Sunday, October 3, 2010

We'll know its the 1930's if they take the White House

Matt Taibbi strikes again with an entertaining, clear article on the Tea Party's psychological underpinnings. I consider Rolling Stone pretty mainstream, though I don't know its circulation these days. Gotta be reaching people who don't read Frank Rich, though.

Many quotable lines, this is just one example:

So how does a group of billionaire businessmen and corporations get a bunch of broke Middle American white people to lobby for lower taxes for the rich and deregulation of Wall Street? That turns out to be easy. Beneath the surface, the Tea Party is little more than a weird and disorderly mob, a federation of distinct and often competing strains of conservatism that have been unable to coalesce around a leader of their own choosing. Its rallies include not only hardcore libertarians left over from the original Ron Paul "Tea Parties," but gun-rights advocates, fundamentalist Christians, pseudomilitia types like the Oath Keepers (a group of law- enforcement and military professionals who have vowed to disobey "unconstitutional" orders) and mainstream Republicans who have simply lost faith in their party. It's a mistake to cast the Tea Party as anything like a unified, cohesive movement — which makes them easy prey for the very people they should be aiming their pitchforks at. A loose definition of the Tea Party might be millions of pissed-off white people sent chasing after Mexicans on Medicaid by the handful of banks and investment firms who advertise on Fox and CNBC.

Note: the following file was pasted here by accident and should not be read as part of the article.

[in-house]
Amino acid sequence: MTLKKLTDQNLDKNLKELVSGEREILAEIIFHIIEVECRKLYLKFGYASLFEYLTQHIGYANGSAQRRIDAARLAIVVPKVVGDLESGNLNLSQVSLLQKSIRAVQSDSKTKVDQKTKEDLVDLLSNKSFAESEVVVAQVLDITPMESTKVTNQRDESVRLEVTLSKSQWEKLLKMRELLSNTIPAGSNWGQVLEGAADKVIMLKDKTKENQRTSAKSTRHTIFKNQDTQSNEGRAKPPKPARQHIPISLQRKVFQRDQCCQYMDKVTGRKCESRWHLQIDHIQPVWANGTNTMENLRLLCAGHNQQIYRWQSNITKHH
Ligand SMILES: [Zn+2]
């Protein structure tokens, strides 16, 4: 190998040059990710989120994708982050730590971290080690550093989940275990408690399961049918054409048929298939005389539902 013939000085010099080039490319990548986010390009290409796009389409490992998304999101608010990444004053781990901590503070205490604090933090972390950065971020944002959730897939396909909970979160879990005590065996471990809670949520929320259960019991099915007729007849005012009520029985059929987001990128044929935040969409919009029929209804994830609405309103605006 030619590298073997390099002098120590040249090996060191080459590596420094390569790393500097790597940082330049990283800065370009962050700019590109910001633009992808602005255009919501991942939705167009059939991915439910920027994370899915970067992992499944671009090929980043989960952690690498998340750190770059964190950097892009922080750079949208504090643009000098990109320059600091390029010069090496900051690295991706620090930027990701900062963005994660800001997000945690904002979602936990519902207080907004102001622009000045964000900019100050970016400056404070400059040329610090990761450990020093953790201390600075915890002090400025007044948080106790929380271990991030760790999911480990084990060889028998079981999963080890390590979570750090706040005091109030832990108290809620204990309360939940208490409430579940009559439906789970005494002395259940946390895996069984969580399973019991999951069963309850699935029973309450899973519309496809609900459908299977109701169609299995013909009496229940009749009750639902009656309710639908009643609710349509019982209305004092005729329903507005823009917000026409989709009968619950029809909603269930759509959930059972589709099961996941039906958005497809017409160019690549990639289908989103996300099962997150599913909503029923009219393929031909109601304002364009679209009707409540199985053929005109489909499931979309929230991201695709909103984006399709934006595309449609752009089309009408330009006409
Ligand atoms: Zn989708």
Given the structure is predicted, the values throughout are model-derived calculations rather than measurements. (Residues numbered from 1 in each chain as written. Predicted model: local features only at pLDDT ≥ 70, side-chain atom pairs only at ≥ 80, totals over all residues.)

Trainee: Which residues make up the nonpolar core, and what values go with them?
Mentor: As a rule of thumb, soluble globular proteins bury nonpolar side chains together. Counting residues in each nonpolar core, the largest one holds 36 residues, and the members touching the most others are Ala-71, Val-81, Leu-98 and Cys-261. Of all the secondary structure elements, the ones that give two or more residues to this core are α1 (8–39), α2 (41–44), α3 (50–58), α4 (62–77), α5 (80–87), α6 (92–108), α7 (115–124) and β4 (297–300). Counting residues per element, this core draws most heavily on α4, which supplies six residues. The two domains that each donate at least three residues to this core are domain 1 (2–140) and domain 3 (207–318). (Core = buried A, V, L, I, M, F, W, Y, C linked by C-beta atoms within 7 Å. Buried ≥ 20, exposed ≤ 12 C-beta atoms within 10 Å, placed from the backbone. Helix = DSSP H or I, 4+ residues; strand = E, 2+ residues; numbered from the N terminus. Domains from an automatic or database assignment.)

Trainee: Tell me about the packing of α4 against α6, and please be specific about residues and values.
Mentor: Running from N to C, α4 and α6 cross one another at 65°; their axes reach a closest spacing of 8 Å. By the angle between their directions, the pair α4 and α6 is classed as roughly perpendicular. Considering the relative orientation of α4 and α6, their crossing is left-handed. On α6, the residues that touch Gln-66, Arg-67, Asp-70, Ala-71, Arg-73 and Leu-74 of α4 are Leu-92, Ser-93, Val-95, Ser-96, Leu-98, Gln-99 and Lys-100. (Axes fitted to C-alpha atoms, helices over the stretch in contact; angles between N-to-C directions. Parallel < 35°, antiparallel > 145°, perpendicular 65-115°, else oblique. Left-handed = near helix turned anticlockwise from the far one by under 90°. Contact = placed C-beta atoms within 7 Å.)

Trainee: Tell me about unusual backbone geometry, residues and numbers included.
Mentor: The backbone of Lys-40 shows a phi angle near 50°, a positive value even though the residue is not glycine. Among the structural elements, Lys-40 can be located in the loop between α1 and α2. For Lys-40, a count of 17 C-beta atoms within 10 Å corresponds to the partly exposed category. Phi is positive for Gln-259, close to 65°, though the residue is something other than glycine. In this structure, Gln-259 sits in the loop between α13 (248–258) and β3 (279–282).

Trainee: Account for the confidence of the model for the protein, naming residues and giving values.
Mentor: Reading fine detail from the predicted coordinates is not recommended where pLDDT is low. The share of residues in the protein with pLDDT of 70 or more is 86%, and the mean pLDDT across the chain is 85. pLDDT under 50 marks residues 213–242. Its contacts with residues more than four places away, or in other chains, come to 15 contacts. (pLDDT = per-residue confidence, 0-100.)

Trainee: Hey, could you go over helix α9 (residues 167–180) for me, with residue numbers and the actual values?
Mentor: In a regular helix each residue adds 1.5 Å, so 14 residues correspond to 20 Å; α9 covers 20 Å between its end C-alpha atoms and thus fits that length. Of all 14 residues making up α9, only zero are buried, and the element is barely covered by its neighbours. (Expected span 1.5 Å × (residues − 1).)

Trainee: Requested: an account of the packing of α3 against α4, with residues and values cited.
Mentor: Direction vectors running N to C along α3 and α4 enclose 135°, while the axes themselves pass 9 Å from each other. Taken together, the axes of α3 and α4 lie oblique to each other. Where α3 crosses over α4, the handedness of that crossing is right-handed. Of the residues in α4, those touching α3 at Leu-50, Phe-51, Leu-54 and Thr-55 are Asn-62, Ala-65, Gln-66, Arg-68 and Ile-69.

Read the rest here.

This was today's must read from Yves Smith's Naked Capitalism.

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